The Astros are set to make the switch to the American League next season. And they have set their sights on a familiar face to be their designated hitter.
According to Brian T. Smith of the Houston Chronicle, Astros general manager Jeff Luhnow said at the team’s uniform unveiling tonight that he plans to reach out to Berkman to gauge his interest about returning to his roots.
“We’re going to make a baseball decision for the organization and for the future of the Houston Astros,” Luhnow said “Clearly Lance has a great history here and he was a key part of a great franchise in a great time. If we feel collectively that there’s a fit in terms of what we need and what he can provide, we won’t be hesitant to pursue it.”
Berkman, 36, was limited to just 32 games this season due to knee problems and said in September that he was considering retiring and going back to Rice University to finish his degree. Health concerns aside, it’s not clear whether he’s willing to play in a league which he referred to as “Mickey Mouse” last month. And though it was a small sample, he was also pretty terrible as a DH with the Yankees in 2010.
Berkman, who still keeps a home in Houston, was a first-round pick of the Astros in 1997 and played 12 seasons with the club before being traded to the Yankees in 2010. He is fifth in team history in hits, fourth in games played, third in RBI, second in homers and first in OPS.
Lost in the nifty base running by Dustin Pedroia that won Sunday’s game against the Rays, the Red Sox set a new major league record by striking out 11 batters in a row, per Peter Abraham of The Boston Globe. Starter Eduardo Rodriguez struck out the final six Rays he faced and reliever Heath Hembree struck out five Rays in a row after that. Tom Seaver had the previous consecutive strikeout streak of 10, set on April 22, 1970 against the Padres.
The Red Sox also set a team record with 23 strikeouts in total: 13 by Rodriguez, five by Hembree, one by Matt Barnes, and four by Joe Kelly. Per Abraham, that’s the most strikeouts in a 10-inning game since at least 1913 and the most in a game of any length since 2004.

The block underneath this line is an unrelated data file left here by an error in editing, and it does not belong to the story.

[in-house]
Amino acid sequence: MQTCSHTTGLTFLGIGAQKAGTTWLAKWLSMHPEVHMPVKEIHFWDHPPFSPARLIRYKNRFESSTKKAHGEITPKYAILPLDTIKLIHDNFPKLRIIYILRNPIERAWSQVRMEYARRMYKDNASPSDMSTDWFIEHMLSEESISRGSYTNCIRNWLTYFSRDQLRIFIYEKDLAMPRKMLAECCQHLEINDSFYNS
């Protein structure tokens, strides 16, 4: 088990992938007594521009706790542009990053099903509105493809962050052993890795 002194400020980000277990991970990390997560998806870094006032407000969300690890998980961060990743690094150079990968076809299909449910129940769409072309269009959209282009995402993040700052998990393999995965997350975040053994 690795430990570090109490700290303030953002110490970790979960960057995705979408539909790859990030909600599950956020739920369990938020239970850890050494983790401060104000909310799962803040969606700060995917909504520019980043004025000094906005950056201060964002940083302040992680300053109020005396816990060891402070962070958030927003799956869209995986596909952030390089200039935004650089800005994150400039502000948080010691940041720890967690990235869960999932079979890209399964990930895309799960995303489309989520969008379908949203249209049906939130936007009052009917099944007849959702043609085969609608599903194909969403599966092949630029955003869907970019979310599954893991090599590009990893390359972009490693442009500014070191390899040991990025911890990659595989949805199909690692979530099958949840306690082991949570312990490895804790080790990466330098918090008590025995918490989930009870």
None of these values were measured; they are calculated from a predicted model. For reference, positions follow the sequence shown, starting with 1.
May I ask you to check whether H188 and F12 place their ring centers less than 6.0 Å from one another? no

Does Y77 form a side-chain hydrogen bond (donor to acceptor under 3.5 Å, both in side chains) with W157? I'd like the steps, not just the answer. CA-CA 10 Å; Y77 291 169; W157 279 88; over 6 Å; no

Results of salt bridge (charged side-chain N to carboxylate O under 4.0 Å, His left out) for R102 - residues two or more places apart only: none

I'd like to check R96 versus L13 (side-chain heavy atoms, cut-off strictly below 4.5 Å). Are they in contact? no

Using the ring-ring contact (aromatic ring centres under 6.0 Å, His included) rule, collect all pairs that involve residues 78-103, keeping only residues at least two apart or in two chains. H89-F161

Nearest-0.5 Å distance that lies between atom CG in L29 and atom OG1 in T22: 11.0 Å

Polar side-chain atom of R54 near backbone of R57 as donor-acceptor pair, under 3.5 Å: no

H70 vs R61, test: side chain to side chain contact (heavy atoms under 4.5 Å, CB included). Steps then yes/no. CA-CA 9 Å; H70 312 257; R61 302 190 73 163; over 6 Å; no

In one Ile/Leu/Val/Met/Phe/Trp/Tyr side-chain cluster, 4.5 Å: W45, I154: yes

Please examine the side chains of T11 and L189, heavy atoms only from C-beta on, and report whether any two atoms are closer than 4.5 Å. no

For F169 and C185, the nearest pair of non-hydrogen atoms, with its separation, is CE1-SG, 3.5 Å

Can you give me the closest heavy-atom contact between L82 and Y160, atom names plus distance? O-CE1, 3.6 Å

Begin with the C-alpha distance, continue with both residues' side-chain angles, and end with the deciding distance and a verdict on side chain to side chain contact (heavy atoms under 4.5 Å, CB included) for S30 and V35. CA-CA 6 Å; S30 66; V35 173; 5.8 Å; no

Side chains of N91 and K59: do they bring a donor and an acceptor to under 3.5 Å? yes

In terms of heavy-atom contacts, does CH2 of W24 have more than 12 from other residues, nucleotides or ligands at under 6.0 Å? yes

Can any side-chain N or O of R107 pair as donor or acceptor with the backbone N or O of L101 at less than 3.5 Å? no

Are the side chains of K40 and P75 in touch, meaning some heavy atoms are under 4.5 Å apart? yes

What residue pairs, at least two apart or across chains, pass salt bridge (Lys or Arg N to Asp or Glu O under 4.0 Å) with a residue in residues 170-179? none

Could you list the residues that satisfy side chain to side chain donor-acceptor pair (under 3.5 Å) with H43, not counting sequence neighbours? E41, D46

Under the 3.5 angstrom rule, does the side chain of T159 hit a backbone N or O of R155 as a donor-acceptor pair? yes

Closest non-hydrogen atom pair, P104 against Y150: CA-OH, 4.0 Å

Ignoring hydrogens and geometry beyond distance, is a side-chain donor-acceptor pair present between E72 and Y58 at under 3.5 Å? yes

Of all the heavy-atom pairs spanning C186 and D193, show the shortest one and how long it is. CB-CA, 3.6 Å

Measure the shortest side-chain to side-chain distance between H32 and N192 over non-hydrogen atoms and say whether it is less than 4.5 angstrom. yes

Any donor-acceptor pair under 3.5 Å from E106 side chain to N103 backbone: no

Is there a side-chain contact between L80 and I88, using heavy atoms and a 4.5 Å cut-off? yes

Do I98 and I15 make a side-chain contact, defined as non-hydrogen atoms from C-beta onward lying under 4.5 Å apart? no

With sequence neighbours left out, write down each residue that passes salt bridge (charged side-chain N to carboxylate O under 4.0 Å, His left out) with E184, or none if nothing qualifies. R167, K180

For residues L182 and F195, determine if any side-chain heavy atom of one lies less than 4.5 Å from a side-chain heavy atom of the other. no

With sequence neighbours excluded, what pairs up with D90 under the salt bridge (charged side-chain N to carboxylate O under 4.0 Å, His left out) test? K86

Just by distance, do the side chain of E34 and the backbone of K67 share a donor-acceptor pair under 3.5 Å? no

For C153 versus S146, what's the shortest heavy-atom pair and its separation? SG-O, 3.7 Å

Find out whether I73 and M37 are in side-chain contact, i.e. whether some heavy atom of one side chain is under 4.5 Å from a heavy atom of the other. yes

For Rodriguez, Sunday marked the first double-digit strikeout game of his career. He has pitched quite well since returning to the rotation at the start of the second half. Over 13 starts, the lefty has a 3.10 ERA with a 70/23 K/BB ratio in 72 2/3 innings.
Dodgers second baseman Charlie Culberson delivered a walk-off solo home run in the bottom of the 10th inning, clinching the NL West for the Dodgers on Sunday afternoon. What a way to celebrate Vin Scully’s final home game behind the microphone.
The Dodgers were trailing 2-1 in the seventh inning, but shortstop Corey Seager tripled in a run to tie the game. Rockies outfielder David Dahl untied the game in the top of the ninth with a two-out solo home run off of Kenley Jansen. But Seager once again rose to the occasion, blasting a game-tying solo shot in the bottom half of the ninth against Adam Ottavino. That would set the stage for Culberson in the next frame.
Culberson, a former Rockie, came into the afternoon with a .591 OPS and zero home runs in 53 plate appearances. He finished the afternoon 3-for-5 with the homer.
It’s the fourth consecutive season in which the Dodgers have won the NL West. The Cubs have clinched the best record, which means they’ll play the winner of the Wild Card game. The Dodgers will play the Nationals in the NLDS. The Nationals have a 1.5-game lead over the Dodgers for home-field advantage, so both teams are still playing for something of importance in the regular season’s final week.